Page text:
Birth control sabotage - FOX13 News, WHBQ FOX 13

Birth control sabotage

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Men who abuse their partners are often seeking control of the relationship and research is finding that often extends to control of their reproduction.  Health care providers are now being asked to look for this type of abuse to help victims regain control of their reproduction.
It's often called a cycle of abuse, where the victim becomes trapped by her abuser.  This is even truer when a baby is introduced into the relationship.  Dr. Nancy Hart says, "Men who want to control their partners control them in a bajillion ways.  They may control what clothing they wear, who they talk to on the phone, who they see socially, whether they have a job or not, what job they have."
Researchers are now finding controlling the abused person's reproductive system is more common than not in these types of relationships.  Doctor Hart, an OB/GYN at the University of Florida Medical Schools, was in Memphis to teach care givers how to recognize and help victims of birth control sabotage.  She says often women don't recognize the sabotage as abuse.  Men will often flush birth control down the toilet or refuse to use condoms.  "It sounds pretty scary doesn't it?  And what it really is, is a confluence of bullying and control of your partner, plus sexual assault, and sexual abuse, plus risk to the pregnancy outcome.  Because you can only imagine it's not good for your pregnancy to be in fear of your partner for any reason," says Hart.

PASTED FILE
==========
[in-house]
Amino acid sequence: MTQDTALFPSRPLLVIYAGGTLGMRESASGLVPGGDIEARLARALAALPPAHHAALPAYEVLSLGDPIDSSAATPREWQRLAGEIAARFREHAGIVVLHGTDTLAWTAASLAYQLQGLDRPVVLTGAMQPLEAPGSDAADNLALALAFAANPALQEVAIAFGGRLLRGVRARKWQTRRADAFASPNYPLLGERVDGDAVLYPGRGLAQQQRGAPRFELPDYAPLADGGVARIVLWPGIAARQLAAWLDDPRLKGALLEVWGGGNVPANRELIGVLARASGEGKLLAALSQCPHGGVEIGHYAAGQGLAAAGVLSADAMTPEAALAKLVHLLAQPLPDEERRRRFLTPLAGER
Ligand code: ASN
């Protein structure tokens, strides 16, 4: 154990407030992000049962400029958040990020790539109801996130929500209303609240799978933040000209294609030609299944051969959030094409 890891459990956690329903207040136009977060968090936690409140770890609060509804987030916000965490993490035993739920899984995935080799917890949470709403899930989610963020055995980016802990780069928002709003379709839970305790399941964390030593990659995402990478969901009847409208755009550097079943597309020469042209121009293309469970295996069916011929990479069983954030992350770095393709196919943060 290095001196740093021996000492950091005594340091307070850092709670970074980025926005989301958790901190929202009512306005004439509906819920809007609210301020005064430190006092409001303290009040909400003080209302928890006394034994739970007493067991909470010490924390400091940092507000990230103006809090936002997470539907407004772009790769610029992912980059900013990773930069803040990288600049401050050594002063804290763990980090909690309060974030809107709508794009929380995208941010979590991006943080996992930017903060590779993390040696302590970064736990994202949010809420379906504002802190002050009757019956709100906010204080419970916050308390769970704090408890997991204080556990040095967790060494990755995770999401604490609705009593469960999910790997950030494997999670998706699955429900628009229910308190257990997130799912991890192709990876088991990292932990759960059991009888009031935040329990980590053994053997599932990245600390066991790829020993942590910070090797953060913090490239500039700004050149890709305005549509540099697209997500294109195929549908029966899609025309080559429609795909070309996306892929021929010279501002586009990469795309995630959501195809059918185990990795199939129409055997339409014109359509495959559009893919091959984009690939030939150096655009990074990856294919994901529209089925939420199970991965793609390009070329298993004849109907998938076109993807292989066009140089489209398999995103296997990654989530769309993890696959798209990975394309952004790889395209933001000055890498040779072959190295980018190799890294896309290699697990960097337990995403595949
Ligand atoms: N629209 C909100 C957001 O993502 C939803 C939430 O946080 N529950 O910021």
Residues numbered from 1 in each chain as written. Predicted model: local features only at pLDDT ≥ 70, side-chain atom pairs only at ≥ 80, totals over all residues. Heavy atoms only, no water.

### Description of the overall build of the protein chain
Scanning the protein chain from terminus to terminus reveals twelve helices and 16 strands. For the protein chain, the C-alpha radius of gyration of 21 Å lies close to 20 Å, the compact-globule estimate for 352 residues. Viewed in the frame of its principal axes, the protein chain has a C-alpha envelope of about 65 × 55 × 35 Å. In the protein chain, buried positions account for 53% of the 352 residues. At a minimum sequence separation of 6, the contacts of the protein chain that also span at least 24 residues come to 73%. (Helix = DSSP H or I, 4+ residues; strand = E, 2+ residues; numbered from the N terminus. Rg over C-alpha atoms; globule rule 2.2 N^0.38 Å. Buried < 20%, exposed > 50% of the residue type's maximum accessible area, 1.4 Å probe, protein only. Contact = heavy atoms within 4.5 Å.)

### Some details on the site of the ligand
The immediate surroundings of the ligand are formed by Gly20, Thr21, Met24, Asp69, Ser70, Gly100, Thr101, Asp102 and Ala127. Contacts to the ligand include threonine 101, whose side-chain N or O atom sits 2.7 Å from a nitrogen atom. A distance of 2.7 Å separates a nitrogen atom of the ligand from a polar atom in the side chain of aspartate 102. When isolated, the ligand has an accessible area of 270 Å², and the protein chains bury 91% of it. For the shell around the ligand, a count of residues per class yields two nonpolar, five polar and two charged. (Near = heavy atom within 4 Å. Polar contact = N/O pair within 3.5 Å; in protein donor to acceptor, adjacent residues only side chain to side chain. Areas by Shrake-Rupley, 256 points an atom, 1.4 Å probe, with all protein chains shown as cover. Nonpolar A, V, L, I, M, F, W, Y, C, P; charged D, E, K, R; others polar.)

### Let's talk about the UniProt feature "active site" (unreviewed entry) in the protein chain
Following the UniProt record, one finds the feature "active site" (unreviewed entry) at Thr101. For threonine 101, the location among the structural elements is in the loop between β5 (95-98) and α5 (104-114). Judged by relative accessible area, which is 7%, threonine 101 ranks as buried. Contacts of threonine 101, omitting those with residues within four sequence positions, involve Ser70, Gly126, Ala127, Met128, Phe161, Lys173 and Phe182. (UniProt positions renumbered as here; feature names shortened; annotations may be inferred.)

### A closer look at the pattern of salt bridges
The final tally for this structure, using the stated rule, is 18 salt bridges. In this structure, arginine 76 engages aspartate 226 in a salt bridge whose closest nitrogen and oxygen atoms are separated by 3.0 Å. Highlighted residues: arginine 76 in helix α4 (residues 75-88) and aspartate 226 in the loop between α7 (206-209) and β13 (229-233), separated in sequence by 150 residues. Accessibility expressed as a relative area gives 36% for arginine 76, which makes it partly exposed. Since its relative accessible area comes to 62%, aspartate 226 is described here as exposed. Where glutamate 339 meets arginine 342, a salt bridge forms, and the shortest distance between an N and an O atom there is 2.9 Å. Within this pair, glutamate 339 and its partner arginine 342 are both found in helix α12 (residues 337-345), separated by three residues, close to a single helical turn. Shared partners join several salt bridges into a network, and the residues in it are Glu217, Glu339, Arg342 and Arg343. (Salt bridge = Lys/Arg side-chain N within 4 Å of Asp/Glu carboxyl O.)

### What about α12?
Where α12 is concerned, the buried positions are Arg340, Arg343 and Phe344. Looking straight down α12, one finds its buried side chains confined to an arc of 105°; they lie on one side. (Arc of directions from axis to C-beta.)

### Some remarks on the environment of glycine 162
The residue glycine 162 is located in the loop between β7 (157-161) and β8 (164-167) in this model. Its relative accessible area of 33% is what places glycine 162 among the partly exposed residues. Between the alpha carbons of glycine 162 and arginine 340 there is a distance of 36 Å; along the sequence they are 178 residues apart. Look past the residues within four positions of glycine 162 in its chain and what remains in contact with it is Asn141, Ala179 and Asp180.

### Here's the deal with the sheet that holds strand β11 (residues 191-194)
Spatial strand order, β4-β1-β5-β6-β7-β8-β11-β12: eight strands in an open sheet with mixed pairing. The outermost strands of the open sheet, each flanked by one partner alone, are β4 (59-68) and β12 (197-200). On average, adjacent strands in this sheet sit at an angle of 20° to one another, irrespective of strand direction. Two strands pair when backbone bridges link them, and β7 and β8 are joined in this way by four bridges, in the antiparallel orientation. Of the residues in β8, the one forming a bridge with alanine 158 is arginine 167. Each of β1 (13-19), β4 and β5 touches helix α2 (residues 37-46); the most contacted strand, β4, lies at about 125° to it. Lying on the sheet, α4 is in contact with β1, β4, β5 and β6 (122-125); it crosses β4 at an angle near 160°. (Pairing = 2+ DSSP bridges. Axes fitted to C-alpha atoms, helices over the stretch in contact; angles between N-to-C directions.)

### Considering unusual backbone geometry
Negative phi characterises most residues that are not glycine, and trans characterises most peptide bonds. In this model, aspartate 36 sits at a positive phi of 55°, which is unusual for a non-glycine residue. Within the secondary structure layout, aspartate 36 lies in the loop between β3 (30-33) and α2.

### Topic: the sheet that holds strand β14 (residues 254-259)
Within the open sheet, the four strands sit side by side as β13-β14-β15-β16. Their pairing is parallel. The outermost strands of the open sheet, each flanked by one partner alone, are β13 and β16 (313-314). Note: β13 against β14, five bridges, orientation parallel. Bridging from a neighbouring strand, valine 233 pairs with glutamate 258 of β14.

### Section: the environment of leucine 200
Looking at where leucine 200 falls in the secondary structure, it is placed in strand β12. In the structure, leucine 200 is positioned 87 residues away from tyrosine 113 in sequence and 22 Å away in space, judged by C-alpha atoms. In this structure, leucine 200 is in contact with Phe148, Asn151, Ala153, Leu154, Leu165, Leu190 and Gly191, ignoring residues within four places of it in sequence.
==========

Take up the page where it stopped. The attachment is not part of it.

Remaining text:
Hart says up to 20 percent of adolescents in abusive relationships are victims of birth control sabotage. She says roughly three quarters of adult abuse victims have had their partner try to control their reproduction. These women are more likely to terminate their pregnancy.  The babies born are brought into the cycle of abuse.  "Children who observe fighting, domestic violence between adults in the home, will actually, at a very early age, have changes in their stress responses symptoms. They'll incorporate early memories of the fighting even if they aren't being hit," Hart says.  

Hart is teaching local health providers to recognize the signs and suggest birth control that cannot be tampered with, like implants, IUD's, and shots.  The hope is controlling reproduction will lead to these women escaping the abusive relationship.

Hart says, "Controlling your reproduction is sort of a fundamental sense that you have some mastery over your universe."

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